Prediction – UNH wins 2 games to 1

No. 2 Boston College vs. No. 7 Massachusetts

Season Series: BC won 3-0-0
Dec. 4, 2009 – BC 3, UMass 1 (Mullins Center)
Feb. 5, 2010 – BC 7, UMass 1 (Mullins Center)
Feb. 26, 2010 – BC 2, UMass 1 (OT) (Conte Forum)

For a substantial portion of the season, UMass looked like the team to beat in Hockey East. Then came the requisite midseason collapse, which they followed with a resurrection, another collapse and a laughably improbable sweep at Maine to finagle their way into the Hockey East playoffs.

Congratulations were in short order for UMass coach Don Cahoon, though. For their efforts, the Minutemen have the honor of opening the tournament against the only Hockey East team they didn’t beat in 2009-10 – second-place Boston College.

The Eagles enter the playoffs after falling an overtime goal short of winning the league’s regular season championship over the weekend. The Eagles tied UNH on Friday and defeated the Wildcats on Saturday.

Since returning from the Winter Break, the Eagles posted an 11-4-1 record thanks in part to the emergence of the league’s most dangerous line in wingers Joe Whitney and Cam Atkinson surrounding pivot Brian Gibbons.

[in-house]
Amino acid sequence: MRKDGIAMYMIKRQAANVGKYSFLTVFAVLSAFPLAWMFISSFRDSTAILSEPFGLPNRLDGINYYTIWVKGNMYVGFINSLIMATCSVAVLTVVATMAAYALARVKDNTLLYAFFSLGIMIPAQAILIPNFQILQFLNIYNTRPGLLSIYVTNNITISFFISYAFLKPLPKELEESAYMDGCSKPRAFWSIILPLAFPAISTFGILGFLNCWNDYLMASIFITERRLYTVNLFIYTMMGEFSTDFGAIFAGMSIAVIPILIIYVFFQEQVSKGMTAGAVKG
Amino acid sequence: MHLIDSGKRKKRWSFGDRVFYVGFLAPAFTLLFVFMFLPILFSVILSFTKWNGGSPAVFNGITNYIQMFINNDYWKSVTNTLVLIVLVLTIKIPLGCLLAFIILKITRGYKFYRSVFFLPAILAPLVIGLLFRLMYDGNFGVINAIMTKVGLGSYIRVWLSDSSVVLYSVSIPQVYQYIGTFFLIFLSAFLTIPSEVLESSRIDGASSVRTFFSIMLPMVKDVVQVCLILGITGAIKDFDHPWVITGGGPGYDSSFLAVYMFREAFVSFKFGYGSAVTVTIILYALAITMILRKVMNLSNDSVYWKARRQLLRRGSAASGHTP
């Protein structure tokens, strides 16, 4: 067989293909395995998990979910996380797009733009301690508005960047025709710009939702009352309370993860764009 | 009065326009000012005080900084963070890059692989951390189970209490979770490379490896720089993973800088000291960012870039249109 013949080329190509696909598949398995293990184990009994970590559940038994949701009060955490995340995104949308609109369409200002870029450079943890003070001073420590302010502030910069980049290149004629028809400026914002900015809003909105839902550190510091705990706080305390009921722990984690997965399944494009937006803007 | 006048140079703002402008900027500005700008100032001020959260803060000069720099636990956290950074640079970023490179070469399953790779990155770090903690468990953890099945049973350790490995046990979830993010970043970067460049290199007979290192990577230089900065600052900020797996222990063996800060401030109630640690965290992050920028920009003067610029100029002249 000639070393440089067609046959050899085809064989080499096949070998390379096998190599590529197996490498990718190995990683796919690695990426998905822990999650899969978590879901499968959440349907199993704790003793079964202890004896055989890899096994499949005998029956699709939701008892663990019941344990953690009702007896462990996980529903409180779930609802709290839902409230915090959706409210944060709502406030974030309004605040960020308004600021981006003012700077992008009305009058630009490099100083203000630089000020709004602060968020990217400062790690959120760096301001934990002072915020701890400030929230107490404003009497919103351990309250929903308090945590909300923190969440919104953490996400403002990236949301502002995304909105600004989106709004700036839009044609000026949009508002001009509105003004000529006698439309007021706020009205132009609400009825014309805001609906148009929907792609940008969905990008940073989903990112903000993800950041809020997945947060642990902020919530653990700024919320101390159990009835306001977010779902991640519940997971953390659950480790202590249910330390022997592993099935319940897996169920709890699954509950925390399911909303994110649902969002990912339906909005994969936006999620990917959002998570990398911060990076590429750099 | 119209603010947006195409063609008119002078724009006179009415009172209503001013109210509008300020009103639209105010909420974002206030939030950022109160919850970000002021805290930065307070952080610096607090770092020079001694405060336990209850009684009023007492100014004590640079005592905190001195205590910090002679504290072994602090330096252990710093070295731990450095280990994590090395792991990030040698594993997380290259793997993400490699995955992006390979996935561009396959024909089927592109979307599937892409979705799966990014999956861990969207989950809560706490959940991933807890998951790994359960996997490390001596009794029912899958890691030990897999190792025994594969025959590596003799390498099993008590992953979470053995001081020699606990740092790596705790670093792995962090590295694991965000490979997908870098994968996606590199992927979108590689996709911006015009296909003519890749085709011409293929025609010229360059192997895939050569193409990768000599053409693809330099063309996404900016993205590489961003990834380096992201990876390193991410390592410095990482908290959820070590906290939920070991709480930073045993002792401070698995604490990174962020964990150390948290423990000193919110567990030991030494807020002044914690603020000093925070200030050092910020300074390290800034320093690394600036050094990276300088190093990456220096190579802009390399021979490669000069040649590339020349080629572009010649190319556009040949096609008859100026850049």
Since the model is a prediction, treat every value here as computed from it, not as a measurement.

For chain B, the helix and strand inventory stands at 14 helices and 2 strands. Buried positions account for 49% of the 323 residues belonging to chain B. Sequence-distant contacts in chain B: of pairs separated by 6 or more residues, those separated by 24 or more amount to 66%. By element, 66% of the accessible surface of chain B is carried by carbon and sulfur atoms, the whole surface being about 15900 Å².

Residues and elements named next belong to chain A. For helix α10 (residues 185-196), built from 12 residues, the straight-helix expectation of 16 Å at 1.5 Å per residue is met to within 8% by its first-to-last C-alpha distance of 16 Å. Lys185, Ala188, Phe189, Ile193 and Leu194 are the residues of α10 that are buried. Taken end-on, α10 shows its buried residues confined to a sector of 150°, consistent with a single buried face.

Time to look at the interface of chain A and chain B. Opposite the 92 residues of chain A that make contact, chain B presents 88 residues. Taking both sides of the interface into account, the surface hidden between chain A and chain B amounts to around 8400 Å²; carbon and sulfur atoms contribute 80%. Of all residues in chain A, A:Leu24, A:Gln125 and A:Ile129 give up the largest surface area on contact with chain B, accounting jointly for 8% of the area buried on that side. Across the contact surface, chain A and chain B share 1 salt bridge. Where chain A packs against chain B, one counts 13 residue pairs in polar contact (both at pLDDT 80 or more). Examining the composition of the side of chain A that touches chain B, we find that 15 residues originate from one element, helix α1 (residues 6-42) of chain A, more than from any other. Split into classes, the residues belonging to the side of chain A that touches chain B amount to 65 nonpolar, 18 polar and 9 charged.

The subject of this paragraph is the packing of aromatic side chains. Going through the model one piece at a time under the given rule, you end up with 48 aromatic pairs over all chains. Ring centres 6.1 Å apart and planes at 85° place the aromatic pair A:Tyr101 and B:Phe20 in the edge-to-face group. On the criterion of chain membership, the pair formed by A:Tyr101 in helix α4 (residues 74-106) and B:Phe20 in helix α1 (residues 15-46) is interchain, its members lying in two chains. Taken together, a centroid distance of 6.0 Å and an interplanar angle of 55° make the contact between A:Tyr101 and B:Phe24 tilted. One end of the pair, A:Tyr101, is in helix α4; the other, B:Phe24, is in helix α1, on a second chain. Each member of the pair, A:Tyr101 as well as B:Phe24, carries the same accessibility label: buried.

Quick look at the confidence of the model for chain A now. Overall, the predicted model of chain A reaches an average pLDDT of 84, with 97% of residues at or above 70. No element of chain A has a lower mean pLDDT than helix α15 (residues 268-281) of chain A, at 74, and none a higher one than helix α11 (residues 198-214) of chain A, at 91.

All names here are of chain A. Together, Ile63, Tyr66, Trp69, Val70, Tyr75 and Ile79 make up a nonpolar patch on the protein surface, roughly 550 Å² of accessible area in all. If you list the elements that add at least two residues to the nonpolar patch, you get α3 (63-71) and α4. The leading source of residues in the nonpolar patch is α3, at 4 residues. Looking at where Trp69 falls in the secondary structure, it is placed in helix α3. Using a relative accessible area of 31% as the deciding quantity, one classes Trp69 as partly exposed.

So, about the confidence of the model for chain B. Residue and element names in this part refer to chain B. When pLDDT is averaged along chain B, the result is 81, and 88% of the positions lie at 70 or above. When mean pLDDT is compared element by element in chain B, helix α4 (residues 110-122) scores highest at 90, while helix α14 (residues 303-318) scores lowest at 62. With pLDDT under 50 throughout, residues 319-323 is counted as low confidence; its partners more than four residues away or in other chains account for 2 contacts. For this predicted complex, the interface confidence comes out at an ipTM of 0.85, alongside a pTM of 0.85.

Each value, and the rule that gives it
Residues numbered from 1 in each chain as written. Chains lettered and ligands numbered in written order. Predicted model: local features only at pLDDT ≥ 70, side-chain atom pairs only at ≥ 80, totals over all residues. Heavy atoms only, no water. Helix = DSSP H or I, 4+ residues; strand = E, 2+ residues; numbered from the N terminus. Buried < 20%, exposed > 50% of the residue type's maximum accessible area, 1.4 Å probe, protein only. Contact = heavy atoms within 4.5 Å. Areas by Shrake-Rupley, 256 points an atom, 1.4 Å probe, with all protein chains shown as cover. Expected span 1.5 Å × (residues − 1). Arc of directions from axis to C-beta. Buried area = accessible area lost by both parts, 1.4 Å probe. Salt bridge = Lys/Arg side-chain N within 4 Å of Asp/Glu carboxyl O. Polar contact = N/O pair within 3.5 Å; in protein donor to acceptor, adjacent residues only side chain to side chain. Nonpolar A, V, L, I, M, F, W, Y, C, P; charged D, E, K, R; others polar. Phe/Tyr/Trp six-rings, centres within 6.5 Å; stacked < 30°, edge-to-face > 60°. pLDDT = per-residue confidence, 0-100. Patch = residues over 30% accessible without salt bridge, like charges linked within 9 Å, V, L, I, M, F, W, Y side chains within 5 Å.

While the establishment of a true top line took care of the scoring, the development of a remarkably young defensive corps and the steady play of goaltenders John Muse and Parker Millner propelled BC to the top of the Hockey East table and the PairWise Rankings.

“Our club has played very well down the stretch. We’re getting contributions from a lot of people,” BC coach Jerry York said. “The one thing that strikes me – and we have our own Vezina Trophy concept at BC – is that we’ve allowed the least number of goals in the league. That’s something we’re very proud of and probably one of the reasons we have home ice and finished in second place in the league.”

The Minutemen, however, proved last weekend that they are truly capable of winning anywhere against anyone. As always, though, the question with UMass lies in whether or not coach Cahoon’s players care enough to make it happen.

In times like these, teams turn to their leaders. Against Maine last weekend, senior captains Justin Braun and Brett Watson combined for seven points – six goals and one assist – in leading the Minutemen into the playoffs.

“I think people are starting to recognize how important they are to our team,” Cahoon said of his captains. “We have had some issues, relatively minor issues, but issues that get in the way during the course of a season. These two guys have been the most consistent players and most consistent people in our locker room.”

Prediction – BC wins 2 games to 0

No. 3 Boston University vs. No. 6 Merrimack

Season series: BU won 2-1-0
Nov. 13, 2009 – Merrimack 6, BU 3 (Lawler Arena)
Nov. 14, 2009 – BU 6, Merrimack 4 (Agganis Arena)
Jan. 16, 2010 – BU 6, Merrimack 4 (Agganis Arena)